Since 2007, the city of Minneapolis has given out more than a million dollars in loans through a program designed to help immigrant entrepreneurs. But six years later, a number of those small businesses are struggling to pay the city back.
Supporters of the program say these delinquent loans are an inevitable part of helping first-time business owners, and one City Council member wants to expand the program.
Minneapolis established the Alternative Finance Program in 2007 as a way to help Muslim immigrants start businesses. Religious law prohibits Muslims from paying interest, and so many of the east African immigrants in Minneapolis were unable to take advantage of the city's conventional small business loan program.
The program avoids that obstacle by structuring the payments as "principal and profit," rather than "principal and interest."
One program participant, Sadia Abdi, sold tomatoes, garlic and onions in the street as a girl growing up in Somalia. When she came to the United States in 1999, she began to dream of starting a business here, too.
A decade later, the city of Minneapolis helped make that dream come true, when its Alternative Finance Program gave a $20,000 loan to the company she started, Sadia Hot Sauce. But almost immediately, Abdi fell behind on the payments.
"I pay little by little, as much as I could, because I have to pay a lot of bills," she said. "The warehouse, the rent, all this stuff."
Abdi should be almost finished paying off the loan by now, but she still owes the city more than $18,000 of the original $20,000.
Business is slow, especially in the winter, she said. But she is not giving up.
"If I didn't die when I was pregnant with my child -- I didn't eat [for] three days ... I never die. I'm struggling, but I know I'm going to survive if I survived that day," Abdi said.
The city has not given up on her. Even though Abdi's loan has been delinquent for three years, Minneapolis has not written it off as bad debt.
Neither has the nonprofit African Development Center, which also gave her a $20,000 loan and administers the city's Alternative Finance Program. Executive Director Hussein Samatar, a member of the Minneapolis School Board, said Abdi's situation is frustrating, but he remains optimistic.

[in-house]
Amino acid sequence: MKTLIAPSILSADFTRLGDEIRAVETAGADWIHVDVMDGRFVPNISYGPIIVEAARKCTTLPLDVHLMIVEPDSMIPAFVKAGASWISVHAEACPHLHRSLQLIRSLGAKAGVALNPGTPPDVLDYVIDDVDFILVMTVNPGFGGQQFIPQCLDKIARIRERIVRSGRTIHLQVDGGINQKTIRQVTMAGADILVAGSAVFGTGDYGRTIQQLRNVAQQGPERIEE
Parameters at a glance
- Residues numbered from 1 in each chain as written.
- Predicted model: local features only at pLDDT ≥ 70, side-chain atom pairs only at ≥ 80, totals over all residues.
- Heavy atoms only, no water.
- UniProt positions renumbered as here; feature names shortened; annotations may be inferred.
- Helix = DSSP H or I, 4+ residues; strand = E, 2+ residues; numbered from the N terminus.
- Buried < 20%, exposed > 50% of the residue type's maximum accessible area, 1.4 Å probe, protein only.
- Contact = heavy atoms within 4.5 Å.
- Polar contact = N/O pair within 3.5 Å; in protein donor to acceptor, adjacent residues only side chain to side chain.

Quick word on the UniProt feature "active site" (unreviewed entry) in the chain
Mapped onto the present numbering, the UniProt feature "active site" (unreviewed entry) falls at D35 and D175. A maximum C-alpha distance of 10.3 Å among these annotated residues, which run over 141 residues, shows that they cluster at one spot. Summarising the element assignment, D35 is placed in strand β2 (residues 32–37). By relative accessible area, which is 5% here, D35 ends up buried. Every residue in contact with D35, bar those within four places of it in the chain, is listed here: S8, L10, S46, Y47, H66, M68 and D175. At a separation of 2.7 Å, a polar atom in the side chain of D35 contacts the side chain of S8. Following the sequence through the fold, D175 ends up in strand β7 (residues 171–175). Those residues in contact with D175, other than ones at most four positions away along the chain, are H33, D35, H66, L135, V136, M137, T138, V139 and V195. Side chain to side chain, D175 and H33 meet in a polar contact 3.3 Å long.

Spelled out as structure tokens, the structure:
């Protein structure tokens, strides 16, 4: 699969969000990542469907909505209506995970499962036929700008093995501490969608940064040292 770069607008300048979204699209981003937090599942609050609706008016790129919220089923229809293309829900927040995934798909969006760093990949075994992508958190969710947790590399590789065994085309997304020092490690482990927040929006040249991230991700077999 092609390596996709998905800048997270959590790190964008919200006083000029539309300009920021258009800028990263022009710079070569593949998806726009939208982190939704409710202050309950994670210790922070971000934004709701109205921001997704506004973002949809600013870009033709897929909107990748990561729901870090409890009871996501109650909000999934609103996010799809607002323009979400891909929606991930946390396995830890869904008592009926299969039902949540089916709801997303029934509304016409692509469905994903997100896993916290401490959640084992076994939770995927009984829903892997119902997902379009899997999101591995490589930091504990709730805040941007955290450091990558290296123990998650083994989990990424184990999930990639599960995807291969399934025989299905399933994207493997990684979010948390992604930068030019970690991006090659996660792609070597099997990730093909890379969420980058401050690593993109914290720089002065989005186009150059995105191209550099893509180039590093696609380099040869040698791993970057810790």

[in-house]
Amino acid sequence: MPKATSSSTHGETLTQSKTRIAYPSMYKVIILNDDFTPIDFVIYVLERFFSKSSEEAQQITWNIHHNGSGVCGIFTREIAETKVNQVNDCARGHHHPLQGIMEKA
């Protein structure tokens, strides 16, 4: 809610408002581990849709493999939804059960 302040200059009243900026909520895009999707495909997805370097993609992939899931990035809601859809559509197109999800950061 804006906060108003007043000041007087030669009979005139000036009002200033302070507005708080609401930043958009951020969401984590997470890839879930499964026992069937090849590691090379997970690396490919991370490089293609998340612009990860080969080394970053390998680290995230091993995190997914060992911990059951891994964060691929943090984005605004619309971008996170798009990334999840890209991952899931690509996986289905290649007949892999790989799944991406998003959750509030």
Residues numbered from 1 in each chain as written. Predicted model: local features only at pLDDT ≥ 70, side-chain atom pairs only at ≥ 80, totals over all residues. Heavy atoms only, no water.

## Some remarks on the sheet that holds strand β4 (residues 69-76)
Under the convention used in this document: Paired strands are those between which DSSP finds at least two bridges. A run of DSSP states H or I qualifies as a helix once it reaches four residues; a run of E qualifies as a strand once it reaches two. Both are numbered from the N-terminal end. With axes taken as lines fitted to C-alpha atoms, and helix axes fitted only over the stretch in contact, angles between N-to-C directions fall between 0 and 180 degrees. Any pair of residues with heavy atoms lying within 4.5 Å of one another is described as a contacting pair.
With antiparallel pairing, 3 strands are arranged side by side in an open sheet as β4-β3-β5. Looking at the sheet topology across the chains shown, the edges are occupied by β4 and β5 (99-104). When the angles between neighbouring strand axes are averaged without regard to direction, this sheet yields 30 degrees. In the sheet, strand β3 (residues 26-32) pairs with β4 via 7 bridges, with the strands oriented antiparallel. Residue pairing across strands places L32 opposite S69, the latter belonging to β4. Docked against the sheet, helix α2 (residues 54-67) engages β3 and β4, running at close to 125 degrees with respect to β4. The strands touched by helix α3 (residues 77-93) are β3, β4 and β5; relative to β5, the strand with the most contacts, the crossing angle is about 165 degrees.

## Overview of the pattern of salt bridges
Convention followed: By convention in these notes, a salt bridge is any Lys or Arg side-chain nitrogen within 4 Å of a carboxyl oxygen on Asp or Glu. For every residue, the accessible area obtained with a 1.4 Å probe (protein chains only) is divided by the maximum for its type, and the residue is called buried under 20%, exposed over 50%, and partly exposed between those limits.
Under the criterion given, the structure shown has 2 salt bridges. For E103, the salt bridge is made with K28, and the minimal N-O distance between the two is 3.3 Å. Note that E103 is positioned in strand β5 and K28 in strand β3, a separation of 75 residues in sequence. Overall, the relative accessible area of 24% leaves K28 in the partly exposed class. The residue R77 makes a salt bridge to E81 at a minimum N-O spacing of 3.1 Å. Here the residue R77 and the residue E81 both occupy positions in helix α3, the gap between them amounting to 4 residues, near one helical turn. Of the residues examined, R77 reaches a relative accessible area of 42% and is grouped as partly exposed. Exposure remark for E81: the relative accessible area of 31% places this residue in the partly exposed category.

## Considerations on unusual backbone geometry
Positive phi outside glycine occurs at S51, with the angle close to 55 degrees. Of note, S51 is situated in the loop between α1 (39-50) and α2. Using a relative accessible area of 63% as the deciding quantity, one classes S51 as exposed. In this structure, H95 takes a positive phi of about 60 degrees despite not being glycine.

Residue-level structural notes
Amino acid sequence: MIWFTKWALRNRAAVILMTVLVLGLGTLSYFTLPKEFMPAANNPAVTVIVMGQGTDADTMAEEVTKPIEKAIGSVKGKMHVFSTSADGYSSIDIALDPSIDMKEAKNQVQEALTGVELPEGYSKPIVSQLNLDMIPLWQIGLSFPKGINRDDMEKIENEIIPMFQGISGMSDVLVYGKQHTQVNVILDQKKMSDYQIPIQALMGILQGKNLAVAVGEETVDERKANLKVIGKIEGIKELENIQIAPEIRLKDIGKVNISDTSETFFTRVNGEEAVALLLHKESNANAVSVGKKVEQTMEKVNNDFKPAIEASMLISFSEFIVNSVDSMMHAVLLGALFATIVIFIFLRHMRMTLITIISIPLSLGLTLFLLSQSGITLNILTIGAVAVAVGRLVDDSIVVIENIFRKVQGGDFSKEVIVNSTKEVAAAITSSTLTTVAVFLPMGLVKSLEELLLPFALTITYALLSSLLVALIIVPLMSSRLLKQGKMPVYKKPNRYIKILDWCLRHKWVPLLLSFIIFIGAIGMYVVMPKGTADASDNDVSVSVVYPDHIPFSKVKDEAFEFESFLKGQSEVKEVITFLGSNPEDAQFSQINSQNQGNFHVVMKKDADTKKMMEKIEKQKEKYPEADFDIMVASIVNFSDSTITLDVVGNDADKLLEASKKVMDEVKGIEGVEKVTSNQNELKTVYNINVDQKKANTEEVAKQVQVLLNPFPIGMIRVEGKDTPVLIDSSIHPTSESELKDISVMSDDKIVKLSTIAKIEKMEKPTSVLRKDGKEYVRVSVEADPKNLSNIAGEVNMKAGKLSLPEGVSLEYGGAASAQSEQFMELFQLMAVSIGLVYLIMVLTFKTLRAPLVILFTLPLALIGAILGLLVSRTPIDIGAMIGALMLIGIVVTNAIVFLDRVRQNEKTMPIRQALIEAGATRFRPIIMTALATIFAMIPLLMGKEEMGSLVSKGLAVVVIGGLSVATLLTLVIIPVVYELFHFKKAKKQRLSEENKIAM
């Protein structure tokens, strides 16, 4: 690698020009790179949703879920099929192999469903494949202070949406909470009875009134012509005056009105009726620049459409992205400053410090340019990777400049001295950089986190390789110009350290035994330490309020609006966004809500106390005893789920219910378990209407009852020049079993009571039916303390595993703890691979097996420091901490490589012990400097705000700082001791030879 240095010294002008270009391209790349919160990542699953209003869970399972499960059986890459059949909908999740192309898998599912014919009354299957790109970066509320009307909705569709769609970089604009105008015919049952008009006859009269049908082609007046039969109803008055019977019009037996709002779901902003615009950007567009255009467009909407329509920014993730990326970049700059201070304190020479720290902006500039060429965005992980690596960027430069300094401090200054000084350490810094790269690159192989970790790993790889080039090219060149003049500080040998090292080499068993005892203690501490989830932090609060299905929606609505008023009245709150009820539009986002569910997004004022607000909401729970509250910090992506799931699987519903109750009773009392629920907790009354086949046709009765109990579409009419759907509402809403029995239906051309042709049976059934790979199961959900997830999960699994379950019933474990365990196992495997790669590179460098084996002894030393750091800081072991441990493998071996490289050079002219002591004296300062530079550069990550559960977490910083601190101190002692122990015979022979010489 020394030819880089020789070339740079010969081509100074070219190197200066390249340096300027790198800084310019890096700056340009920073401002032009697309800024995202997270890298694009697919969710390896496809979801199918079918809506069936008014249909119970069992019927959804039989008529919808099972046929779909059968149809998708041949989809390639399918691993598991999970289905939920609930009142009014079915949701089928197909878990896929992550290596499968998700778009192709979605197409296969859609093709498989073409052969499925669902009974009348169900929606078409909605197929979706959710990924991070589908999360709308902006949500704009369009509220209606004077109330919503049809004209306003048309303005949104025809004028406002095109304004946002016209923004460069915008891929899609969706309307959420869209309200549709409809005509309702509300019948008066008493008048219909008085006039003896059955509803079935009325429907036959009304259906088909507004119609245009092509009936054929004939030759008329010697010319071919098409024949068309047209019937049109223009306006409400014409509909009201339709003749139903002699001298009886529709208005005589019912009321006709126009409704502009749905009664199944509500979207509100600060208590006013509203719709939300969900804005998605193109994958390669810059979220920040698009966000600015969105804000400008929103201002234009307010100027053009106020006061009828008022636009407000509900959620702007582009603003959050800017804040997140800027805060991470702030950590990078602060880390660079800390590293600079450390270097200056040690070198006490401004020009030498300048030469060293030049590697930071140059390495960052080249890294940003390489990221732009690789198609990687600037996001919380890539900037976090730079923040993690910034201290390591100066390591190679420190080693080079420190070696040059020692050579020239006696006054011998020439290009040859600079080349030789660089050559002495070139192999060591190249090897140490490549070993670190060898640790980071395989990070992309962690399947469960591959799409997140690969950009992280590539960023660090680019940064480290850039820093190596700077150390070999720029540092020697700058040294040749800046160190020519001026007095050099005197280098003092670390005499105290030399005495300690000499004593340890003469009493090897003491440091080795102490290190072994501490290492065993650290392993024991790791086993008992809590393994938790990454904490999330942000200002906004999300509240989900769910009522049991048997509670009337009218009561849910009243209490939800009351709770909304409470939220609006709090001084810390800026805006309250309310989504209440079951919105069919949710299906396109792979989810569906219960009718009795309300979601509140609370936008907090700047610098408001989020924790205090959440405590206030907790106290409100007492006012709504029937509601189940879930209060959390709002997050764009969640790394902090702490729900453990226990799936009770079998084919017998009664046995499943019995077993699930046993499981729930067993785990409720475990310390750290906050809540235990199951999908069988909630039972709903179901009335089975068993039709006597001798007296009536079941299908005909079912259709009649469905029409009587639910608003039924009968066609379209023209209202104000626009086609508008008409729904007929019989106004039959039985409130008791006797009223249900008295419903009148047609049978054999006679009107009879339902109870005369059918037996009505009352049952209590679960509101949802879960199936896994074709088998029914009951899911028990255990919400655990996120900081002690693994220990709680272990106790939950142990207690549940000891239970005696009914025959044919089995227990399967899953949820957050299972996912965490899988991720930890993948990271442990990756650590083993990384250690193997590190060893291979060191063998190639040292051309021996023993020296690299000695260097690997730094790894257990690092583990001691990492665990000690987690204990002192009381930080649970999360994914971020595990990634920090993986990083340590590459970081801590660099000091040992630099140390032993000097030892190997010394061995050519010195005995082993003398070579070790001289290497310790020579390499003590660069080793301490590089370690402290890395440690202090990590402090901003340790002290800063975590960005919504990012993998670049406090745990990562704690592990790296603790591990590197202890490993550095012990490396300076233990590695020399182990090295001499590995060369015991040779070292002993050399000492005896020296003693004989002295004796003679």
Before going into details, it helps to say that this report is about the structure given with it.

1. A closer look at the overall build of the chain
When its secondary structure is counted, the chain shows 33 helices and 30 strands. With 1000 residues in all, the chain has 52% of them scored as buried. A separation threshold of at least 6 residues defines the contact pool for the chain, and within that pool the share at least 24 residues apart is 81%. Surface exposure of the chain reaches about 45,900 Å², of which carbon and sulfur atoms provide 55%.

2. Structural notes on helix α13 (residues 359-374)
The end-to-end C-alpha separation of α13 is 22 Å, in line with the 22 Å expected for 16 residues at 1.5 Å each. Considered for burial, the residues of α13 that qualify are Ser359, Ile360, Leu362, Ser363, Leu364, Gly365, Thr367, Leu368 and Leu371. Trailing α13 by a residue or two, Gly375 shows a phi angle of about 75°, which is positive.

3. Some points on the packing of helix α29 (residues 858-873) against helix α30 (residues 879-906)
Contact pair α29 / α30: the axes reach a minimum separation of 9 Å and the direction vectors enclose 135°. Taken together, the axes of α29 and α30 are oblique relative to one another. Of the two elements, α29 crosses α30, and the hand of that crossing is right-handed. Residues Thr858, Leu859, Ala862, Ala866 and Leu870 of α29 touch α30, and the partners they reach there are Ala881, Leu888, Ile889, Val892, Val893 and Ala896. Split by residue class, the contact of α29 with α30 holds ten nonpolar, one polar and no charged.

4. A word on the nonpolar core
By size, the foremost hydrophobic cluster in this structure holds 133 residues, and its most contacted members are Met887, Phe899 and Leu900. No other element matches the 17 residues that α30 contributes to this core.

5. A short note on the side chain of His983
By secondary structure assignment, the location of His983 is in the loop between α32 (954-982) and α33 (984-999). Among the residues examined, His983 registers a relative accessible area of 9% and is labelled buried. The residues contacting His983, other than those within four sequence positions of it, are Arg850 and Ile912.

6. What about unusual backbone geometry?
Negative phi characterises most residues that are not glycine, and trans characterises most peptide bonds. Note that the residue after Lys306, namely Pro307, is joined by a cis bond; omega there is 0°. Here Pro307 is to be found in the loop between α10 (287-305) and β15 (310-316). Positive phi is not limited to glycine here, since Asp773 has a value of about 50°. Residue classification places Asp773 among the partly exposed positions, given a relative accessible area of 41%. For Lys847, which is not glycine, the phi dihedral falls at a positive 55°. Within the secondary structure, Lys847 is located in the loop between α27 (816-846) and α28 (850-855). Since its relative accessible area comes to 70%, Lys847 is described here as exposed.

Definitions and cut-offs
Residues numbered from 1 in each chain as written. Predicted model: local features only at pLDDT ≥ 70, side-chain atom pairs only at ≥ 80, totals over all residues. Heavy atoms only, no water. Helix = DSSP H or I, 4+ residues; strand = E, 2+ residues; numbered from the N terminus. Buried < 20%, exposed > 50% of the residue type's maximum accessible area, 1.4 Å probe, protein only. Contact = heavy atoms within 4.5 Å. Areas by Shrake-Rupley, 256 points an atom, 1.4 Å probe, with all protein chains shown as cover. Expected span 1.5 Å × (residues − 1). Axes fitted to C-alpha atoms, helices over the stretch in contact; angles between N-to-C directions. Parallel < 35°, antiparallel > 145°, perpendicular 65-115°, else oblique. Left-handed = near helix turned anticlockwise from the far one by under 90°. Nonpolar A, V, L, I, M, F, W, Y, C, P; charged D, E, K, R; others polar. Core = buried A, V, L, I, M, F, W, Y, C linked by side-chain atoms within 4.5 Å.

"Is it disappointing that she was slow to pay? Absolutely," Samatar said. "Could we have written off her? No question about it. But then we really felt that she had a bigger story to tell. She's an amazing entrepreneur. She's fantastic. She's figuring out what she needs to do. And this payment, we believe, is going to come."
The African Development Center has placed Abdi's loan on a watch list. It was one of a dozen loans on the list as of Dec. 31, all of which were delinquent at least two months. In total, those borrowers owe the city more than $100,000 in past-due payments.
|Source: Portfolios as of Dec. 31, 2012. Two Percent Loan Programs RCA, Alternative Finance Prog RCA |
The U.S. Treasury Department's minimum prudent standards for micro lenders say that no more than 12 percent of a loan portfolio should be delinquent by more than three months. The Alternative Finance Program does not meet that standard: Close to 25 percent of its portfolio would be considered "at risk."
But the watch list is working, Samatar said. In the last three months, one of the loans has been paid in full, and several other business owners have started making payments again.
Giving businesses a second chance is the fiscally responsible thing to do, he said, but it takes a lot of work.
"If this would be easy lending, the banks would have done the lending, and they are not doing it," Samatar said. "Any bank would run away from it. It would say there would be too much risk, and the reward is so low. Why would I even do it? That's who we're lending to."
Both the Alternative Finance Program and the city's conventional loan program write off very few loans compared with national lenders. But the Alternative Finance Program has experienced far more delinquency in recent years.
City Council Member Lisa Goodman is not concerned about the problems. Goodman, the chairwoman of the committee that oversees the program, pointed out that it has created more than 100 jobs in a community that needs them.
"When I look at a program like this, on average less than $20,000 per small business, and then I look at the incredible amount of corporate welfare that's gone to projects like the Vikings stadium," Goodman said, "it seems to me like we get a big bang for our buck."
In fact, at a recent committee hearing, Goodman suggested that next year the city should consider doubling the program's budget.